As I said, I think it’s a brilliant book, certainly one of my favourite Culture novels. It has all of Banks’ usual excellent plotting, interesting characters and a fabulous unreliable narrator, as we figure out what is really going on along with Quilan as his memories return to him.
I also really like that it’s another book which shows the Culture from the outside, through Ziller and Quilan with their very different views, and Kabe, another alien, but acting as ambassador for the two of them on behalf of the Culture. The Minds are also well characterised here, with the Orbital Hub Mind being a former Ship Mind from the war; the Minds are a brilliant take on AIs, something Banks has done fabulously well throughout the Culture series.
So overall, I really liked the book. It’s an excellent Culture novel, and an excellent hard science fiction novel or space opera novel or whatever you prefer to call it. I really enjoyed reading it, and I think it very much complements the other Culture novels that I have read this year. It’s a great series overall, and I would highly recommend that all SF fans read some Iain M. Banks.

I’ve just finished reading Look to Windward by Iain M. Banks. This is of course part of my project to reread various Banks novels. This is the last of his science fiction Culture novels that I had planned to read, but it is a brilliant one.

As I’ve said before, all of the books in the Culture series are standalone. This one takes place 800 years after the Idrian-Culture war which was a plot point of the first Culture novel, Consider Phlebus. During the war two stars were destroyed by the Culture, and now the light from those “ancient mistakes” has reached the Culture orbital of Masaq’ (one of the Culture’s many man- (or machine-) made homeworlds.

More recently the Culture has also made an error, interfering in the politics of the Chelgrian world, leading to a disastrous civil war. Two Chel feature as characters in the book. One is the exiled composer Ziller, who has made his home on Masaq’ and is composing a symphony to celebrate the appearance of the supernovae. The other Chel is Quilan, a grieving soldier who has been sent to Masaq’ ostensibly to ask Ziller to return home, but really his memory has been wiped and he is carrying out a secret mission of vengeance against the Culture.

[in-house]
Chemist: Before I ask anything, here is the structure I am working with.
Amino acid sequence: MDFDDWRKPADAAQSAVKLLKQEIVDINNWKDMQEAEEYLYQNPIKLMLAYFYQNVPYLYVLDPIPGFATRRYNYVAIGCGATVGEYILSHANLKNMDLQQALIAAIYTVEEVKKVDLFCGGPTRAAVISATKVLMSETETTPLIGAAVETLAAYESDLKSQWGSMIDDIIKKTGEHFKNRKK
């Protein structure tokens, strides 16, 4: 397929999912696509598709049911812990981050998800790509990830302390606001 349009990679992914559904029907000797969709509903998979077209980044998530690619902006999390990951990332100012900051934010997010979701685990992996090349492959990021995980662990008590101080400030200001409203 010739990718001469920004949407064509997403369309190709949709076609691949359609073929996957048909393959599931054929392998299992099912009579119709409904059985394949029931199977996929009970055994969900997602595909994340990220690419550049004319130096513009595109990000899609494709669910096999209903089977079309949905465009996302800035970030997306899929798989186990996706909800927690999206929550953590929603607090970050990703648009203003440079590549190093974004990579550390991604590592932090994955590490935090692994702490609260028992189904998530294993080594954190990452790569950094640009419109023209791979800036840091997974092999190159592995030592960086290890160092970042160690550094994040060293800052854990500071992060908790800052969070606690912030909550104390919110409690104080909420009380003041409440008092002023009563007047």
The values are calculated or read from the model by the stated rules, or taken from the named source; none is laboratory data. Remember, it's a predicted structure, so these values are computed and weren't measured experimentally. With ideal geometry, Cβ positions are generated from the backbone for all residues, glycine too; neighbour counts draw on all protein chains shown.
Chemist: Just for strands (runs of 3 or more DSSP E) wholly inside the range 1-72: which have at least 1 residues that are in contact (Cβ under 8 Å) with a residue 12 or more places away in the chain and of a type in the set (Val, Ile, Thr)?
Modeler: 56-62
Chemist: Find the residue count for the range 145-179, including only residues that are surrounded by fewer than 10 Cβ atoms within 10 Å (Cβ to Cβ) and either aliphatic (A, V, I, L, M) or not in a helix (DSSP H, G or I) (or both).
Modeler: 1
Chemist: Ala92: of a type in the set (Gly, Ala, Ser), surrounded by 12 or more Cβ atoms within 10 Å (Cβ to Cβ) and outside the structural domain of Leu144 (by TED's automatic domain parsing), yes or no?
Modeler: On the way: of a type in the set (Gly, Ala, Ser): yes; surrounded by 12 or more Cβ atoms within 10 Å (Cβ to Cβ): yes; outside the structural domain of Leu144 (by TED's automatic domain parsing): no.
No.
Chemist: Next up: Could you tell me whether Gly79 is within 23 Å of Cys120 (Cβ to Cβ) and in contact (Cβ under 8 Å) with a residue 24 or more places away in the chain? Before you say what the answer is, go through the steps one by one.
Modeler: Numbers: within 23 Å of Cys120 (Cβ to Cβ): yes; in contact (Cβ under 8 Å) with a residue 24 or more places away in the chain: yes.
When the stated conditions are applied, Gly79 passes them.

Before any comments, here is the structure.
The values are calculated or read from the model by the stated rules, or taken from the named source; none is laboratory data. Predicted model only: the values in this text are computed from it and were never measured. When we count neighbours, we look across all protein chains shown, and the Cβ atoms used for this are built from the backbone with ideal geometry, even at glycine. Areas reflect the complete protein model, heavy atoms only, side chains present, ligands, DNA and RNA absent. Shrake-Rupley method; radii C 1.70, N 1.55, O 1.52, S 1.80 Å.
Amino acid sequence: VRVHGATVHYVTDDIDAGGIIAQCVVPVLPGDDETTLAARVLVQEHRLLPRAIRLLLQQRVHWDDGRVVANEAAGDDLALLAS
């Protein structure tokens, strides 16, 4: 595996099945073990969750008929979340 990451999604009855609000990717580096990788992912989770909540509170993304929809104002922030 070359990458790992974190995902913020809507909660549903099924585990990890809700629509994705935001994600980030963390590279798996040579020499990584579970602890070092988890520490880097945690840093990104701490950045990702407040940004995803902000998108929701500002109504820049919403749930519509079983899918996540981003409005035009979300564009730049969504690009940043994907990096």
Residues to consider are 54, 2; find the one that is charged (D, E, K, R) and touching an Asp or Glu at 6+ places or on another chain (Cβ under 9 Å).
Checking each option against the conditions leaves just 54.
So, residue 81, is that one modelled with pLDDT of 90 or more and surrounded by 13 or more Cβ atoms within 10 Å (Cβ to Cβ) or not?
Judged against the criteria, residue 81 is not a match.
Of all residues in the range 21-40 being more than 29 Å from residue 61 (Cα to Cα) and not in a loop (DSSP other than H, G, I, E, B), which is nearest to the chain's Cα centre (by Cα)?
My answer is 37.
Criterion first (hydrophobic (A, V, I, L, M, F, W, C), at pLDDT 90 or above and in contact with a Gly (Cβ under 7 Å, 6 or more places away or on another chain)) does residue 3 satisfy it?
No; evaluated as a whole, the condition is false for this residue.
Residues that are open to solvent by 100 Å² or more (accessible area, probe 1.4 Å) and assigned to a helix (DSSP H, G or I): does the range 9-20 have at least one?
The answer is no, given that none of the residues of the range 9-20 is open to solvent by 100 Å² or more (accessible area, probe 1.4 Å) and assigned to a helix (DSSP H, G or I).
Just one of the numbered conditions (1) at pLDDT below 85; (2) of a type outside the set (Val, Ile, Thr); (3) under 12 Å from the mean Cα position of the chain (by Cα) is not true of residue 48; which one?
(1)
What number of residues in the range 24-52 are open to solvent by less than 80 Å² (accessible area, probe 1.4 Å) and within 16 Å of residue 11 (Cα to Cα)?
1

As I said, I think it’s a brilliant book, certainly one of my favourite Culture novels. It has all of Banks’ usual excellent plotting, interesting characters and a fabulous unreliable narrator, as we figure out what is really going on along with Quilan as his memories return to him.

I also really like that it’s another book which shows the Culture from the outside, through Ziller and Quilan with their very different views, and Kabe, another alien, but acting as ambassador for the two of them on behalf of the Culture. The Minds are also well characterised here, with the Orbital Hub Mind being a former Ship Mind from the war; the Minds are a brilliant take on AIs, something Banks has done fabulously well throughout the Culture series.

So overall, I really liked the book. It’s an excellent Culture novel, and an excellent hard science fiction novel or space opera novel or whatever you prefer to call it. I really enjoyed reading it, and I think it very much complements the other Culture novels that I have read this year. It’s a great series overall, and I would highly recommend that all SF fans read some Iain M. Banks.

I was in the mood for some YA contemporary so I picked up this one on my Kindle, Where Things Come Back by John Corey Whaley. I’d seen it positively reviewed in a few places, so I thought it sounded interesting.

The book is set in a small Southern town, and the main character is a teenage boy Cullen, who is desperate to escape his boring hometown. Over the summer before his last year of high school, the town becomes obsessed with the potential sighting of a rare woodpecker, previously thought to be extinct. However Cullen has more important things on his mind as his beloved younger brother Gabriel has disappeared.

I have to say that based on the hype, I was pretty disappointed with the book. It wasn’t terrible, I enjoyed it enough to read it all, and I wanted to keep reading to find out what had happened to Gabriel. But other than that I did not really connect with the character of Cullen (in fact I really didn’t like him at all) and the plot and philosophy of the book were also uninspiring.

I didn’t hate the book, it’s just that I thought it would be a lot better than it was. I think I would have actually liked it more if it was longer and delved deeper into the topics it was exploring, instead it just seemed to take on some heavy topics like grief and religion but only give them a shallow treatment without much resolution. Overall it was not a terrible book, I enjoyed reading it for the most part, but it was definitely a bit disappointing.